Initially, did you feel like an outsider in Christchurch?
Well, Dad had moved us girls to Christchurch after my parents separated, so we could have access to our mother. So I was very much raised with his community. If anyone needed somewhere to stay, they’d stop by at our place. I think everyone knew where the key to our house was. Dad was just a person who loved and cared about people.
My whānau were the people who were my dad’s friends and teammates and band members, and it’s a whānau that’s very much Te Waipounamu grounded. I remember when my husband asked my father’s permission for us to be married. I’ve never known my father to be a particularly tribally-savvy person, but he said: “Your uncle Frank would roll in his grave.”
And I recall thinking: ”What on earth are you talking about?” And he was talking about the boundary disputes between Ngāi Tahu and Rangitāne and the land around the Clarence River and what was happening with Te Tapuae o Uenuku, our maunga.
It was a side of my father that I never really appreciated because it didn’t seem to be his thing when he was growing up. He was the Māui in his family. He was the one who would sew his own suits that were purple or blue, sing karaoke and do all of these really innovative things before his time.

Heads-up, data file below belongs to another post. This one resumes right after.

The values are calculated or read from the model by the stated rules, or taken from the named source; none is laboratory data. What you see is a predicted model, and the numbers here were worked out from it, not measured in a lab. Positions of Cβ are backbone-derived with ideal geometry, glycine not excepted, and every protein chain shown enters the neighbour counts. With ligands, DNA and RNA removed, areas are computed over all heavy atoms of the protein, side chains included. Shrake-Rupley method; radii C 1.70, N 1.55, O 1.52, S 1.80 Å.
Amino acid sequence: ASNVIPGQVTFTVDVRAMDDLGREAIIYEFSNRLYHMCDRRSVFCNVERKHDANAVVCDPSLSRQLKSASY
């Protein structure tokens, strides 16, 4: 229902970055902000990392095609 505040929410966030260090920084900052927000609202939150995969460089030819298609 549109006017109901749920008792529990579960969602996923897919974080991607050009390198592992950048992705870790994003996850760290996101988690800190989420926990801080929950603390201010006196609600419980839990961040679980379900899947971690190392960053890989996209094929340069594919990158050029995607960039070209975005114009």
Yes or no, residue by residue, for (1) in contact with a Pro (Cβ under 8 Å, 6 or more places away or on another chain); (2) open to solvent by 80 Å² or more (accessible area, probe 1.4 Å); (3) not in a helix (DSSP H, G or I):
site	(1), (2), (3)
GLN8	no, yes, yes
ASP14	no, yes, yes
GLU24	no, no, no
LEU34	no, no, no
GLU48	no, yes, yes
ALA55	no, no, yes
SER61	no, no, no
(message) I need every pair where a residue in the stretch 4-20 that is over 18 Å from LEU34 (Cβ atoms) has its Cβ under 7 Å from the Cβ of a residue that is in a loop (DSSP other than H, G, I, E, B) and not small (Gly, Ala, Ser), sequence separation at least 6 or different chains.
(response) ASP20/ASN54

Dad really wanted us to get ahead in ways that weren’t just about education. It was more about: Okay, well, why can’t you be the Prime Minister?
I told him one time that I wanted to do bone carving. I wasn’t a very talkative teenager, so it probably surprised him to hear me say that. Next day I came home and he’d set up the entire yard — bandsaws and grinders and equipment he must’ve brought home from the abattoir. All of this stuff so I could go into full-scale bone carving production. And I’m thinking: “Gee, I just wanted to make a bone carving.” He was an incredibly enabling person. He didn’t recognise barriers.
I’m assuming you’d be an advocate for compulsory reo within schools. For what it’s given you and what it can give others, non-Māori included. As an educator, how do you sit with te reo Māori and what would you like to see happen with it?
I think that every child should have the opportunity to learn te reo Māori — and I think that through schooling there should be a progression from year to year. But there’s a risk, when we talk about te reo Māori being compulsory in schools, that we don’t actually have a system that can enable it. And te reo could suffer as a result of that.
As it is, I’m the tumuaki of a kura kaupapa Māori, and staffing is one of the biggest challenges. So, a school might say: “Right, now we’re teaching te reo Māori.” But where do those teachers come from? Because, if they come from our current Māori medium schools, then it’s going to exacerbate an already difficult situation with staffing.